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Lamar Peterson in Star Tribune

Three tiny hairless dogs guard the entrance to Lamar Peterson's garden. Bea, a 7-year-old Xoloitzcuintli and Chihuahua mix with no teeth and a pink tongue, is the smallest but barks the loudest. The other two pups, Daisy, 6, a Xoloitzcuintli, and Moo, 8, a Chinese Crested, try to overtake Bea's bark, but to no avail.


"They're extremely protective and Bea, she'll bark when I walk her … well, she'll just bark all the time," Peterson said. "It's funny, me walking with this multi-pronged leash."


Peterson cares for the luscious, wonderland-like garden with his partner, Michael Templeton, in the backyard of their south Minneapolis home. Variously colored pots spill over with greenery, oval-shaped silver raised planter beds with seedlings just hatching and satchels piled high with dirt cover the ground, making any grass barely visible.


Peterson is a painter with a fierce gardening hobby. The two are intertwined, particularly in his recent paintings that focus on gardening as an act of self-care. A native Floridian, Peterson moved to Minneapolis from New York in 2011 to teach at the University of Minnesota. Now, he's associate professor of art and director of undergraduate studies and is more rooted here than ever.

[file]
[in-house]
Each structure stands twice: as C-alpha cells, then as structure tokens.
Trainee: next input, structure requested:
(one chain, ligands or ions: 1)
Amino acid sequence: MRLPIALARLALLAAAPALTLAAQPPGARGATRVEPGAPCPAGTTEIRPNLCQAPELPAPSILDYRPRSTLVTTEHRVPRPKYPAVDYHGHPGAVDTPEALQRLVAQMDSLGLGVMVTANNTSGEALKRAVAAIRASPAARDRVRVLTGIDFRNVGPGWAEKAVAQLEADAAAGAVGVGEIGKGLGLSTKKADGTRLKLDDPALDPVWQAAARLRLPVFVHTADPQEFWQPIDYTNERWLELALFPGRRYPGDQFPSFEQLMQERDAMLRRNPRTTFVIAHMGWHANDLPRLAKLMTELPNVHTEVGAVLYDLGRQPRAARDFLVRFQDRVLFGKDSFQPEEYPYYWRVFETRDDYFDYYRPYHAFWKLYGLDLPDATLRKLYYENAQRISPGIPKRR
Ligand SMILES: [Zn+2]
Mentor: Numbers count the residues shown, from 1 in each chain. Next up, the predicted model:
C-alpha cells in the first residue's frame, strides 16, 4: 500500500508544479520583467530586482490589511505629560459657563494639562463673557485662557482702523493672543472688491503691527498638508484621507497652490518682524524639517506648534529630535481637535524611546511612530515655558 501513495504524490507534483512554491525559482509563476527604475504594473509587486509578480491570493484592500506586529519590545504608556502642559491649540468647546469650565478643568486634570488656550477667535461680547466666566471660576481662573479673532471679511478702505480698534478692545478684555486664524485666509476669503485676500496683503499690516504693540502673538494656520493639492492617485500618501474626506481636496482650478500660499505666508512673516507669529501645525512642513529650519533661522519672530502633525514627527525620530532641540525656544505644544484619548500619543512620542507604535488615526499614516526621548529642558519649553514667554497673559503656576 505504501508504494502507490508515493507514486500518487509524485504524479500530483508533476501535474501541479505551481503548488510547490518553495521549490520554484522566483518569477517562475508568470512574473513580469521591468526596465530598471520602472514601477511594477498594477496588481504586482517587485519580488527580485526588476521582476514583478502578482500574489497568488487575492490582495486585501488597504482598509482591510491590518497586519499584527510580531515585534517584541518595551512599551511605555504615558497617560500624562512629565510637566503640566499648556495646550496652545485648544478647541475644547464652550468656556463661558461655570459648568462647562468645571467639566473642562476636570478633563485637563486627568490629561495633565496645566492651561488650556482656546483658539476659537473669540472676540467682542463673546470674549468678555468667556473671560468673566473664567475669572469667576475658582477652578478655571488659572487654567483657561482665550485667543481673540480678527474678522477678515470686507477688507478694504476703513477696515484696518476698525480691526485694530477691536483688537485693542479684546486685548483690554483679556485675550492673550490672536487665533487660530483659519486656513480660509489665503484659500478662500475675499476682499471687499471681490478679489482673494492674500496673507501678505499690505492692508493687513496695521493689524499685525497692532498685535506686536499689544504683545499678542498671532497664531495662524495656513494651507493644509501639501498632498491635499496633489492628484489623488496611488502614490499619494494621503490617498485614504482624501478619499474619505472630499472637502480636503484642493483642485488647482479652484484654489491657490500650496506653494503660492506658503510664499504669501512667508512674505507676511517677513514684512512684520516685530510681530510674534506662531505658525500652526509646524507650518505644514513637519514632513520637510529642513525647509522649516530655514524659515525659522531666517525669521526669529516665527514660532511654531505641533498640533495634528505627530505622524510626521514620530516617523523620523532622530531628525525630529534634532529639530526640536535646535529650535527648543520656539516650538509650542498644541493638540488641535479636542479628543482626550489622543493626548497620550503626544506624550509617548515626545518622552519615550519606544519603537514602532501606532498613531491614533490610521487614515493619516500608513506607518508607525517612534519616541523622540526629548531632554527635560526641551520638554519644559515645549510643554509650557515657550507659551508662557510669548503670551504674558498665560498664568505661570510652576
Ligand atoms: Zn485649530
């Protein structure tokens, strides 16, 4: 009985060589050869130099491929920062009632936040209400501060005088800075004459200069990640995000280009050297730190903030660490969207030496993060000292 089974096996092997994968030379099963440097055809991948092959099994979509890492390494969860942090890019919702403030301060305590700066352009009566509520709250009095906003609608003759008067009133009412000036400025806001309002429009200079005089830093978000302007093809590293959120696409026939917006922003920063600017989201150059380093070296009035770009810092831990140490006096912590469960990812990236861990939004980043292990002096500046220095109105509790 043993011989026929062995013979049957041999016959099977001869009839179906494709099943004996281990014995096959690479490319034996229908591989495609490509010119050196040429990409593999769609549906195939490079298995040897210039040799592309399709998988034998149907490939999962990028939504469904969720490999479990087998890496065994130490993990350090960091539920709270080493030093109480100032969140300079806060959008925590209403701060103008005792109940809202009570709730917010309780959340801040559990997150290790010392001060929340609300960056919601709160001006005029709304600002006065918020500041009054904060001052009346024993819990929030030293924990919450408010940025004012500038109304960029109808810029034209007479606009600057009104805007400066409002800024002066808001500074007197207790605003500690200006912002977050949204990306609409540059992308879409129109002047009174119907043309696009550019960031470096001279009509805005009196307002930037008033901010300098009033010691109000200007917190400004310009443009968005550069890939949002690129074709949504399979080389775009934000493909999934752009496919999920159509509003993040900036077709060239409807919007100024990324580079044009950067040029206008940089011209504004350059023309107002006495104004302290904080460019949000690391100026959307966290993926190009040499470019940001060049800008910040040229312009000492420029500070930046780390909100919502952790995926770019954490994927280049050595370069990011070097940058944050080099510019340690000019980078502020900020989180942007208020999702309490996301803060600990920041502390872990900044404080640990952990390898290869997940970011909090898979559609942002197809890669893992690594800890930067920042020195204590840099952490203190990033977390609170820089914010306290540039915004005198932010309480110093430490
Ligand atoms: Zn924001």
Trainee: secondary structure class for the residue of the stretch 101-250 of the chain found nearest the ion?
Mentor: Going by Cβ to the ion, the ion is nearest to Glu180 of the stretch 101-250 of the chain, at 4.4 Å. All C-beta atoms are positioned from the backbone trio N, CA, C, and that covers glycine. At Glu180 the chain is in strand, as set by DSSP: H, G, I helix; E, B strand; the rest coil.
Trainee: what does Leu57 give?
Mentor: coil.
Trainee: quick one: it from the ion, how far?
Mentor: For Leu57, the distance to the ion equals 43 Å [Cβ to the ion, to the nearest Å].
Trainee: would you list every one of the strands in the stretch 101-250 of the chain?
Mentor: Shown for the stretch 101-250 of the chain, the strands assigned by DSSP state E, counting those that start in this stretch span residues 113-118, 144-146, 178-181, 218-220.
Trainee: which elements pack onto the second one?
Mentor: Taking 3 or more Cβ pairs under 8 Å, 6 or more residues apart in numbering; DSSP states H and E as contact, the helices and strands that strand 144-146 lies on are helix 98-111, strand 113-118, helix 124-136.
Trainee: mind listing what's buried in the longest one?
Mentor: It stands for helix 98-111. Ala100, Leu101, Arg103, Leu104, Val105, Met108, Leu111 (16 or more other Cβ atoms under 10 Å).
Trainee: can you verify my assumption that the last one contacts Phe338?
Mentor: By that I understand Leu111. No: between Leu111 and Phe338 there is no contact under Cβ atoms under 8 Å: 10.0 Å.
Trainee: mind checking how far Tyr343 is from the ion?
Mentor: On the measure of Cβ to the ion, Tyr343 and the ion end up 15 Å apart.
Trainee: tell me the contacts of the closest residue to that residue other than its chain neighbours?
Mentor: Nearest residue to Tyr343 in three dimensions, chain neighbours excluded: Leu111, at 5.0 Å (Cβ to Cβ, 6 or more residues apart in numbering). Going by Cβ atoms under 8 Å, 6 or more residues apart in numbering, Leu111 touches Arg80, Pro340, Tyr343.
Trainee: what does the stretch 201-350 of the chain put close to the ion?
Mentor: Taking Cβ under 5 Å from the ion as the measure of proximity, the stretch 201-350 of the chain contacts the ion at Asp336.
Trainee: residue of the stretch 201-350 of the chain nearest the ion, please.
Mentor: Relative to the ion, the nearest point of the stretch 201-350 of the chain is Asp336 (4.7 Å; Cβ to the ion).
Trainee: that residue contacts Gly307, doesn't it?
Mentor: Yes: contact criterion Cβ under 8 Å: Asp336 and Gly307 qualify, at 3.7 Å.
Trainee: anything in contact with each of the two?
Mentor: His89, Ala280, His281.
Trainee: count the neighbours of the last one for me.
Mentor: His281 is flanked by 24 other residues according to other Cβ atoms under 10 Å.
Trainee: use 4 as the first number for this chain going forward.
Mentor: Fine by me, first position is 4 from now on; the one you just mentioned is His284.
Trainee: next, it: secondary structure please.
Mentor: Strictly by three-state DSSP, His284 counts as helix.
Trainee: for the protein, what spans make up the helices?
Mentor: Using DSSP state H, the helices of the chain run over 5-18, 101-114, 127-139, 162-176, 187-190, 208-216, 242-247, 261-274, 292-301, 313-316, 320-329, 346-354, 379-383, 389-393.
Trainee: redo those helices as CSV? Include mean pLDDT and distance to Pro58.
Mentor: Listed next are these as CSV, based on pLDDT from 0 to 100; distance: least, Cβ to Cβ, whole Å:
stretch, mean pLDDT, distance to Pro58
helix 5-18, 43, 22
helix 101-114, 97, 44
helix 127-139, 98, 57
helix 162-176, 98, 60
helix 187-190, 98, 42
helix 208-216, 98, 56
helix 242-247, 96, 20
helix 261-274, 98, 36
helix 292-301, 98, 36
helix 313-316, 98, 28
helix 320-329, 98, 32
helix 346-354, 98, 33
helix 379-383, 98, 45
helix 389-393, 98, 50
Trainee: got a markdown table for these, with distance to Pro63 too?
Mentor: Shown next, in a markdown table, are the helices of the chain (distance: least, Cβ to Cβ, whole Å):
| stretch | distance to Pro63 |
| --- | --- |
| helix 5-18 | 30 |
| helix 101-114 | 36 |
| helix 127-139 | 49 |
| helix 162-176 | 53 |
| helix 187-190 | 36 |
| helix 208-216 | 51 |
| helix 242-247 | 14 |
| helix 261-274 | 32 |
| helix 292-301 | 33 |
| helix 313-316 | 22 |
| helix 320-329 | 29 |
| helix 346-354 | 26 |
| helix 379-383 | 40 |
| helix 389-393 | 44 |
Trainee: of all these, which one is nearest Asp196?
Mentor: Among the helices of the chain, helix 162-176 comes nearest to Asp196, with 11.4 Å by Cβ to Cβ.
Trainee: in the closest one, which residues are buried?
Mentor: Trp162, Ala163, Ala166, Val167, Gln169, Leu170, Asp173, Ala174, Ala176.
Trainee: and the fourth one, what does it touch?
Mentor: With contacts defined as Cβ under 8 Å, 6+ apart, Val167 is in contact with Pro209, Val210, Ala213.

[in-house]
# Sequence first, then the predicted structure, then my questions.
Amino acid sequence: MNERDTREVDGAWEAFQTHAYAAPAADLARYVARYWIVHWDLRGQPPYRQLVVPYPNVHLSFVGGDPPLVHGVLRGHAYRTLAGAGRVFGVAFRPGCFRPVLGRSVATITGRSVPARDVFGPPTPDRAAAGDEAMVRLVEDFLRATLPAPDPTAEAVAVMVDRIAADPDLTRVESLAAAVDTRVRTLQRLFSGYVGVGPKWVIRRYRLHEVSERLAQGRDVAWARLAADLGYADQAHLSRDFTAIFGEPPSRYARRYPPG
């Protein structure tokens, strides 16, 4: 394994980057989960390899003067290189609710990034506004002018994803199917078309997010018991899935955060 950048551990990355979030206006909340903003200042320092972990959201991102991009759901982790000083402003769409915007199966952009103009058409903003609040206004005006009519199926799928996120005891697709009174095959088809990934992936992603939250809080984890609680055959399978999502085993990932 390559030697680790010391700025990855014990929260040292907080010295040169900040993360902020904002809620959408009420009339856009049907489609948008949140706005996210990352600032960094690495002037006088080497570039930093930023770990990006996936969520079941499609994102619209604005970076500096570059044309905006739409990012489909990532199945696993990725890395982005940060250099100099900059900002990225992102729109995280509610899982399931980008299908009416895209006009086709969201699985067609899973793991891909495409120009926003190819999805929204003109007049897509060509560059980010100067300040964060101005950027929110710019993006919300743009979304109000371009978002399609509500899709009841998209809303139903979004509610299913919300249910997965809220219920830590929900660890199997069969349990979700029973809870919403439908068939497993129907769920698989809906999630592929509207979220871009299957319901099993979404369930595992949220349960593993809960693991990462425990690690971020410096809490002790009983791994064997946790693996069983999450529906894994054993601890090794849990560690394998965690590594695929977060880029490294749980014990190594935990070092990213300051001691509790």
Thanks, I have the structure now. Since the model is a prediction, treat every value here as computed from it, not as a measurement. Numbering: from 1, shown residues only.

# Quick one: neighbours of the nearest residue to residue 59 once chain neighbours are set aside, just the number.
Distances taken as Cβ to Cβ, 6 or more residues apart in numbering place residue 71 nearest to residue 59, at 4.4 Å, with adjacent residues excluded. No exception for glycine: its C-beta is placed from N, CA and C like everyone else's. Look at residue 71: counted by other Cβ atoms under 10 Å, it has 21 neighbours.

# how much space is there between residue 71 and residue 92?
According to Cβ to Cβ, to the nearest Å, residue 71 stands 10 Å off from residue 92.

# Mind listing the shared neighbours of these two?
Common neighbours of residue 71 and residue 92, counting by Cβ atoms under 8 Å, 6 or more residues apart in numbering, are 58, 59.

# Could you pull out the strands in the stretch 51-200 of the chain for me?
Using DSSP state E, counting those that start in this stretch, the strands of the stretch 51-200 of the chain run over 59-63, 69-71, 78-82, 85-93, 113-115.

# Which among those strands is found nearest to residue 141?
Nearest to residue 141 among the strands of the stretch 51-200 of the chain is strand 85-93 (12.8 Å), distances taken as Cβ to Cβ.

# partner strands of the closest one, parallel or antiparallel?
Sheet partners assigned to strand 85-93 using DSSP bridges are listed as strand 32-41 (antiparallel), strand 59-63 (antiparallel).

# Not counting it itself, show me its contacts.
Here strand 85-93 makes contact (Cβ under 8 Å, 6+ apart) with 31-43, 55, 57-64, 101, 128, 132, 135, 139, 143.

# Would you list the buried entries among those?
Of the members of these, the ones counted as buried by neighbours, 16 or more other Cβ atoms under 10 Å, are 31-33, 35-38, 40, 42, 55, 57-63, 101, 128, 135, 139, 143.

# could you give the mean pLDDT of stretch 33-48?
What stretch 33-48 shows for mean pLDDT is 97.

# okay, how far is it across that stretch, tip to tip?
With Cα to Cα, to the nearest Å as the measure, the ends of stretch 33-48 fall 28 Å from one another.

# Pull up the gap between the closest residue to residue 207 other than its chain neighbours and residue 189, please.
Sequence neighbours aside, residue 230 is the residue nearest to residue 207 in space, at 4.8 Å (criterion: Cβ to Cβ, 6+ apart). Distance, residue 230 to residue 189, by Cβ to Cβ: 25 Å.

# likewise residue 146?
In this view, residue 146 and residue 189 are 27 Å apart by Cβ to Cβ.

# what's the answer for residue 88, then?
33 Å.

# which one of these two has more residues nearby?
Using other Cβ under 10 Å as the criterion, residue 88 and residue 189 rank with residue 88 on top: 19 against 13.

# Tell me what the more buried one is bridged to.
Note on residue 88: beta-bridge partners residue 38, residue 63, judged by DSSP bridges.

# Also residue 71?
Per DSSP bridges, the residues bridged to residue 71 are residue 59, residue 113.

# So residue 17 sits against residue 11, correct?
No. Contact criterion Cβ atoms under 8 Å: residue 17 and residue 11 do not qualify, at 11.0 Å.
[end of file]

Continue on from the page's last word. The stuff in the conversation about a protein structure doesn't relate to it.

This spring, he won a Guggenheim Fellowship for $65,000. He'll head to Georgia, where his dad, Jesse "Pete" Peterson, painted many murals, like one of a Black Jesus on a church in Quitman, Ga. His dad was a prolific painter but didn't become a known artist.


"The project will focus on investigating marginalized artists and artists of color, Black artists in Georgia in the South, shedding light on artists that were important to our communities but weren't able to achieve exposure to be more well known," Peterson said.


His father died of cancer in 2022. When he goes to Georgia in fall 2025, he plans to look for his father's murals and those of other forgotten artists. He also hopes to take his mom, Penny Peterson, who still lives in Florida. Peterson's dad inspired him to become an artist.


"He had the ability to paint and draw and wanted to be an artist, but because of having a family he wasn't able to do that," Peterson said.


When Peterson was 12, his dad gifted him his oil paints. He learned to paint by watching PBS painter Bob Ross, checking out books from the library and, of course, watching his dad paint. His dad gave away every one of his paintings. Peterson still checks eBay to see if any will pop up.